The one class of athletes who may not need to supplement with creatine, or not supplement to as great of an extent would be endurance athletes that are exercising at only moderate intensities.
Since they are not going to be strictly relying on this ATP compound for fuel (they can utilize body fat for energy), they will not deplete creatine stores as quickly, and as such, may be able to maintain their stores through dietary means.
That's not to say these athletes will be harmed with creatine use, just that there isn't as much research with creatine supplementation as there is for strength or sprint related athletes.
To Load Or Not To Load
While the standard practice for taking creatine is to start off with a loading phase and then progress to a maintenance phase, this isn't a complete necessity.
For individuals who don't do well with the loading phase (suffer from a great deal of bloat, discomfort, etc), they may want to decrease the dosage of the load and carry it out over a longer period of time.
So for example, the typical loading phase is to take 20 grams of creatine over a five day period, and instead of doing so, you opt to take 10 grams of creatine for ten days.
Essentially you will be getting the same amount in the end. You may not experience quite as significant improvements right off the start, but both set-ups will be effective.
When To Take Your Creatine
One question that many people often have is when the most optimal time to take their creatine will be.
Ideally you want to be taking it right around the post-workout period, as this is when the muscles will be most receptive to taking it into their cells.
If you are in the loading phase, chances are though that you don't want to be taking that whole dose all at once, so in this case split it into three or four different doses; one pre-workout, one post-workout, and the other one or two later on in the day.
The Best Mix For Creatine
Another hot question related to creatine is what to take it with. Many people figure grape juice is the magic secret, but really, any type of fast reacting carb will do. Whether this is dextrose with your protein shake or your favorite juice, both will get the job done.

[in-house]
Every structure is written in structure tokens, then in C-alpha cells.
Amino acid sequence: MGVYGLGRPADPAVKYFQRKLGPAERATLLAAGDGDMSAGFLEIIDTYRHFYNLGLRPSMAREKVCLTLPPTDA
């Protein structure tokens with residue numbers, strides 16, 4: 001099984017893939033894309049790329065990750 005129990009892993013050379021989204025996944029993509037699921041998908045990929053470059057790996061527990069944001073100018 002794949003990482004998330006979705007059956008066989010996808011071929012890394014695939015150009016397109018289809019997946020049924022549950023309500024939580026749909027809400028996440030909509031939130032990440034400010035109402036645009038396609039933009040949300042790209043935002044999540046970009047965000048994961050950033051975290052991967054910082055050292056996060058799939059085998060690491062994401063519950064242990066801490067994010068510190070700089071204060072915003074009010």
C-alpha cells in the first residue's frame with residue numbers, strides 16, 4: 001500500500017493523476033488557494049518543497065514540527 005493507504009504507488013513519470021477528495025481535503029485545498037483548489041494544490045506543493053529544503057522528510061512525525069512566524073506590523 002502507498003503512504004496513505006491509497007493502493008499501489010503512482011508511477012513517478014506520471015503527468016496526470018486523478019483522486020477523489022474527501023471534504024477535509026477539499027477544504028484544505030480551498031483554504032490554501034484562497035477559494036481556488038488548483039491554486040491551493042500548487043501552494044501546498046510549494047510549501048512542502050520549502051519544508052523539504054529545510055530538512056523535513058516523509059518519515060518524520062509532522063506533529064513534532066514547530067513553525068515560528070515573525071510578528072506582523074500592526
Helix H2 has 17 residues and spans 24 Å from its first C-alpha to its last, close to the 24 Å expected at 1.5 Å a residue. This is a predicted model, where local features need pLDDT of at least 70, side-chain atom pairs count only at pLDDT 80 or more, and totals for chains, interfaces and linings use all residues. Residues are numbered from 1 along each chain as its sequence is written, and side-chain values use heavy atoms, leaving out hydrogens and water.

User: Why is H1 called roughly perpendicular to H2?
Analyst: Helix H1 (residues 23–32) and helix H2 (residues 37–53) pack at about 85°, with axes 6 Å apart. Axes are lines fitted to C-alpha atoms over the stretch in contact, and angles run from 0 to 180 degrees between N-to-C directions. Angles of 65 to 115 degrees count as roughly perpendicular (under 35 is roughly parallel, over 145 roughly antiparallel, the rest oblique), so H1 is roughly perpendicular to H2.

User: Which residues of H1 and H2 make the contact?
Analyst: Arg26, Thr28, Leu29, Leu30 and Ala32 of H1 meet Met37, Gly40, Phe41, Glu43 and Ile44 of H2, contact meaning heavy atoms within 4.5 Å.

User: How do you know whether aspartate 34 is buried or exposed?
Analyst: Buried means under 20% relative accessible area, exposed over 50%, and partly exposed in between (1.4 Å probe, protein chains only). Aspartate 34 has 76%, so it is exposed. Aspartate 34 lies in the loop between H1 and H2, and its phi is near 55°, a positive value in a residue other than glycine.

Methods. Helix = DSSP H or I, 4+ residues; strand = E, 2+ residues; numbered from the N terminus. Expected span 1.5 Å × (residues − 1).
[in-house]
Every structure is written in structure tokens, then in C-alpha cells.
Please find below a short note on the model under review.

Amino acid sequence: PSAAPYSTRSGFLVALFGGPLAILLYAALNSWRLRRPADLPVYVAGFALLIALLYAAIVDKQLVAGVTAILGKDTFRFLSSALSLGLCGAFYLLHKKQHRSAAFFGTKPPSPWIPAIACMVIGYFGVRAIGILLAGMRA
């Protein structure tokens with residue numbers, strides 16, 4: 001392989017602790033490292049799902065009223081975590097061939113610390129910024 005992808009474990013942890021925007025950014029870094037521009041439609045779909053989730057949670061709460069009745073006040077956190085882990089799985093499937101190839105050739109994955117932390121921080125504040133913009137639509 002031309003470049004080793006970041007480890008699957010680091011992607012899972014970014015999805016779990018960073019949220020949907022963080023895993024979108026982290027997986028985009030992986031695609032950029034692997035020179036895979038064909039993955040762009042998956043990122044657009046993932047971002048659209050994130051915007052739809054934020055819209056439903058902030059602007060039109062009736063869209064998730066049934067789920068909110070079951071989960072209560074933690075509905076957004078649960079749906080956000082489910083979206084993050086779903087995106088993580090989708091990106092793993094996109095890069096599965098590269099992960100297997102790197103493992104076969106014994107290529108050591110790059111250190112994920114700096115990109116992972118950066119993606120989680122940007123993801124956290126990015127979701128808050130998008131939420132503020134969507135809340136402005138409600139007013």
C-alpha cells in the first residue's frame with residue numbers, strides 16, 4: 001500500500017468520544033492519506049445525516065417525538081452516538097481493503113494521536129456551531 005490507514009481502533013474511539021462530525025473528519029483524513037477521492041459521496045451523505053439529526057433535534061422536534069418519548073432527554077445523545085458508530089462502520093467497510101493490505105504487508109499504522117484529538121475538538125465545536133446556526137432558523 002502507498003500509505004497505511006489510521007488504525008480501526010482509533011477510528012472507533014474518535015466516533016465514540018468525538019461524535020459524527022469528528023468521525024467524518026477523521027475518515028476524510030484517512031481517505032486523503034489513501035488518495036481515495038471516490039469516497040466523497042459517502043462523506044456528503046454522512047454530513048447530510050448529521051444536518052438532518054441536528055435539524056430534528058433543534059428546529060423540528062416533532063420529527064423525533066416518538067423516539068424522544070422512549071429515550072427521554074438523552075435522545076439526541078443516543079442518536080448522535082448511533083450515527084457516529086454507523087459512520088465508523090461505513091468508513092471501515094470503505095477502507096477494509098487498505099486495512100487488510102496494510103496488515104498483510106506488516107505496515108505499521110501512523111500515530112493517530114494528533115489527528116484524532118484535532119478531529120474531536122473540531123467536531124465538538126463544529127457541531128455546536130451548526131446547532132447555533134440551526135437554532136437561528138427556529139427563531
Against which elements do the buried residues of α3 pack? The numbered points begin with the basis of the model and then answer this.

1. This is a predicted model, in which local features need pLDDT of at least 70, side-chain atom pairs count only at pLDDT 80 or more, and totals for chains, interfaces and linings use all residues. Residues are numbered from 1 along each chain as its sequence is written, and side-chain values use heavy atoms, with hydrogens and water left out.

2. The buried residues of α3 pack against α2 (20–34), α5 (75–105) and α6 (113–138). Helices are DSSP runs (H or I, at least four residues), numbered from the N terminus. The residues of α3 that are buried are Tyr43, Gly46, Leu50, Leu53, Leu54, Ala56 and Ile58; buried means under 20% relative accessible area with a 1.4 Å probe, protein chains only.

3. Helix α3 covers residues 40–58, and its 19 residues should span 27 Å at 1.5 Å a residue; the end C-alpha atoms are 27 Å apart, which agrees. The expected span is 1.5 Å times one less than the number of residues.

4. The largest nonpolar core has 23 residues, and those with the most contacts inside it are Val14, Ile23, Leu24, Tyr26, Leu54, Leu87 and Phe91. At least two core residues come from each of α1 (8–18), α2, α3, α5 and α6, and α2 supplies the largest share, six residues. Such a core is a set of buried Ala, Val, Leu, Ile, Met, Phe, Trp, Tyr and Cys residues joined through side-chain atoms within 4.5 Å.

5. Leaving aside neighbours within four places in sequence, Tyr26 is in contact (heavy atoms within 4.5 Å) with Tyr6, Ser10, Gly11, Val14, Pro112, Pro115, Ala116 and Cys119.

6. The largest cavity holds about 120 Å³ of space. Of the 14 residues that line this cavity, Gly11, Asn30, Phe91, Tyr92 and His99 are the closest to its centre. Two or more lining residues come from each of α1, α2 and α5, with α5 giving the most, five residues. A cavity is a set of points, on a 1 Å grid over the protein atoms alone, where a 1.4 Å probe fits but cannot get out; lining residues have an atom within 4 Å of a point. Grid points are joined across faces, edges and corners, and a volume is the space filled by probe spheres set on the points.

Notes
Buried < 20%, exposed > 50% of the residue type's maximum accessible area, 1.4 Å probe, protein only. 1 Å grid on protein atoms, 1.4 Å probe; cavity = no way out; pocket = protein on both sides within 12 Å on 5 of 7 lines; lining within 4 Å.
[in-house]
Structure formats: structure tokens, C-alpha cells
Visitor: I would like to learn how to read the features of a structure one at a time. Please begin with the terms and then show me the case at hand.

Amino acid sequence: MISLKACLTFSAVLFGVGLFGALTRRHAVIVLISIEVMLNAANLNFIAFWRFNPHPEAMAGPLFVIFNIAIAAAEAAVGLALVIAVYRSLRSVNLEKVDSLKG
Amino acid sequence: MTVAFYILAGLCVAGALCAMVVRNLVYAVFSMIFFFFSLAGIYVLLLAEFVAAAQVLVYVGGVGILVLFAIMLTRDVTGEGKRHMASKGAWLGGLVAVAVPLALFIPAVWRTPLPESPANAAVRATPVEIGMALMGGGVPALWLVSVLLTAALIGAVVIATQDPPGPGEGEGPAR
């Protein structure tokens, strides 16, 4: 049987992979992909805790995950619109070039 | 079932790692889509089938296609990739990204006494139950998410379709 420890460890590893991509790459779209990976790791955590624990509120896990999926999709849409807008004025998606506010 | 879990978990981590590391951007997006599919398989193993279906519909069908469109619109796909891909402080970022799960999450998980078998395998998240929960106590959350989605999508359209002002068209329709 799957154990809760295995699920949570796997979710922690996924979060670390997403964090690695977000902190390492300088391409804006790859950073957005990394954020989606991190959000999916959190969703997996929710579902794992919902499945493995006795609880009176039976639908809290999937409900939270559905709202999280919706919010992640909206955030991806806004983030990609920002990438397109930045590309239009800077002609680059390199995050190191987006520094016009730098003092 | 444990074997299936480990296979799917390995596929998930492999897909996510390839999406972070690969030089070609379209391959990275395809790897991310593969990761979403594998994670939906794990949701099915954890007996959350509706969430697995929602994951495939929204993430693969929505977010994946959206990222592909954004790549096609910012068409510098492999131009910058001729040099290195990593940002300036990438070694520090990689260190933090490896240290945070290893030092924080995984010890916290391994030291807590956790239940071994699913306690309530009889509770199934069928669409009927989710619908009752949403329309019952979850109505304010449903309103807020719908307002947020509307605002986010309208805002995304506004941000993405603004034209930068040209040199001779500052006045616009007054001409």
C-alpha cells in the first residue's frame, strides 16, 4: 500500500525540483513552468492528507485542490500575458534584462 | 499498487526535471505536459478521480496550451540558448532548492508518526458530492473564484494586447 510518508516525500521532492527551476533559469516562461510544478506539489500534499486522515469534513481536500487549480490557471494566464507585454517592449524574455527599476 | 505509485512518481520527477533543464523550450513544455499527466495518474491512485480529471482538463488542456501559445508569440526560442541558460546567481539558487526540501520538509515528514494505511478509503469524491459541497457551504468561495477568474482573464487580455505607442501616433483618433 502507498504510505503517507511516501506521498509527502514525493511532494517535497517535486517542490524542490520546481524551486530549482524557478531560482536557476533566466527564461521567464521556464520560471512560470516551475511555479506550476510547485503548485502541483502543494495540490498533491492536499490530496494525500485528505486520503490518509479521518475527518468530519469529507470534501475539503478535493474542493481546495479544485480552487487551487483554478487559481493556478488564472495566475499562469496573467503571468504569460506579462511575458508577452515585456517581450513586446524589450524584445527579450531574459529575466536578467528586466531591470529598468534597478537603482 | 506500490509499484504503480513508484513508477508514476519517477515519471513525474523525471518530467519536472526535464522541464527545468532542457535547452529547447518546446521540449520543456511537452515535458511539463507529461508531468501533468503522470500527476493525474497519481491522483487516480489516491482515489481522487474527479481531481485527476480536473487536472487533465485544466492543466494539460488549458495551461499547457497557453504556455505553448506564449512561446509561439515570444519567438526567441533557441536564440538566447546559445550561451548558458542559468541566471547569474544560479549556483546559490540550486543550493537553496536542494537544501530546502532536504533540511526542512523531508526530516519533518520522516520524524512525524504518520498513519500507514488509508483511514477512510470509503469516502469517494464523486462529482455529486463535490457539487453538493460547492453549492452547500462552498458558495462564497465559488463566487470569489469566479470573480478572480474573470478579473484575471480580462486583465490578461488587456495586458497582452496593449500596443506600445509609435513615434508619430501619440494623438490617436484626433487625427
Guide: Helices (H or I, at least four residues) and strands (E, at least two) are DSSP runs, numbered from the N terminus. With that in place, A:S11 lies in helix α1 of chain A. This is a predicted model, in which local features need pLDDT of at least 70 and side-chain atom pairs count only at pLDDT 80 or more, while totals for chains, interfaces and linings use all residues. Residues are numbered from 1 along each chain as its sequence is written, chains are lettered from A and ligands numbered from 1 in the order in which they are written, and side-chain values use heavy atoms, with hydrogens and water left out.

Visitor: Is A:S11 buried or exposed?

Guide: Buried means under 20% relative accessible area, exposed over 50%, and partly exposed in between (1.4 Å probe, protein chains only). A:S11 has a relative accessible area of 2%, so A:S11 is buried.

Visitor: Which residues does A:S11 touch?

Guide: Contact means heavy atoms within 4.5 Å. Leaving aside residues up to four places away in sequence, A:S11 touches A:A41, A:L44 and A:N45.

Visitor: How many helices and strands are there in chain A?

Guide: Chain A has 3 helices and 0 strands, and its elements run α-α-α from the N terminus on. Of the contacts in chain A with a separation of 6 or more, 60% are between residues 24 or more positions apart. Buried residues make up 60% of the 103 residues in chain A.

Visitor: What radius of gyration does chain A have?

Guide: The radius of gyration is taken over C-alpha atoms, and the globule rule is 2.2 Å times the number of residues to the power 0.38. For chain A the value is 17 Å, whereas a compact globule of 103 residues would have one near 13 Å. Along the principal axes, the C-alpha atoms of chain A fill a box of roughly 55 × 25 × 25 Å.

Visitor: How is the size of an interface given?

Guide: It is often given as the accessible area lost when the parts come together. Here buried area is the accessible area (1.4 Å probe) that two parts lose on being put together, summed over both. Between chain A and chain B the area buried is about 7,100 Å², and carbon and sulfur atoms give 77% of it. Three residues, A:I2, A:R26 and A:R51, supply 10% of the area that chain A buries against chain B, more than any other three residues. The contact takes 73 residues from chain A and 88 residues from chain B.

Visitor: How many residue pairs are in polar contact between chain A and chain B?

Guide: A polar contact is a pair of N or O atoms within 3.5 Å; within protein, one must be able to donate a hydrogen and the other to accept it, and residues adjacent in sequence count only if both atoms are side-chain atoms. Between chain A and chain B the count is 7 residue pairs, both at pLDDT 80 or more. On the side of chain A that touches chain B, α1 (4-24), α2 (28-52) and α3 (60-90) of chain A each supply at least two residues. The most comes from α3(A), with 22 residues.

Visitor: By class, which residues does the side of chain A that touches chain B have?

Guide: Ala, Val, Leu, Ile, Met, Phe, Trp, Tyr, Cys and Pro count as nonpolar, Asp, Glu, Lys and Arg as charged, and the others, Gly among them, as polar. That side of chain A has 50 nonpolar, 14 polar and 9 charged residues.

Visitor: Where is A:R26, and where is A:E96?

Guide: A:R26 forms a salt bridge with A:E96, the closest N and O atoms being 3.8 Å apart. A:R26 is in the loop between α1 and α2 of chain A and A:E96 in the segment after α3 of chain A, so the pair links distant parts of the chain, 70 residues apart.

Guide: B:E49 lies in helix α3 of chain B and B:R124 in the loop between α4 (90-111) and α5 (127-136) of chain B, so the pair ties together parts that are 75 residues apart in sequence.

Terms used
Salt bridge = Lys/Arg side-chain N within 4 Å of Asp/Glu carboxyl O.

If you are on a very low carb diet, you can take creatine without the carbs, it will just not be quite as effective.
Should You Take Creatine If You Aren't Working Out
This question should be divided into two categories:
- Non-workout days.
- Those who simply do not workout—period.
If you're currently on an intense weight lifting routine, then yes, you should be taking your creatine on non-workout days. This will help to ensure your muscles are well stocked for the next workout.
If you aren't working out at all though, then it would be a good idea to stop using creatine as there will not be much demand at all for it in the body.
Should You Take Creatine When Trying To Lose Body Fat
Since creatine is typically referred to as the supplement to help you build muscle, is it beneficial to take while trying to lean down as well?
In most cases, you can still benefit from creatine while you are dieting. Since the primary purpose is to help maintain the intensity of your workouts, which is something that can be trying when you're really cutting back calories, creatine will help you do this.
In addition to this, keeping that intensity up for your workouts is one of the most important factors when dieting, therefore it is something you definitely want to be sure you're doing.
One thing to keep in the back of your mind though is that creatine will cause you to retain water, so if the scale is not moving down as quickly as you would have expected, this could be a reason why.
So, regardless of whether you're trying to build muscle or lose fat, do give creatine some thought. It can play a critical role in helping you perform better workouts and therefore lead to better muscle mass building.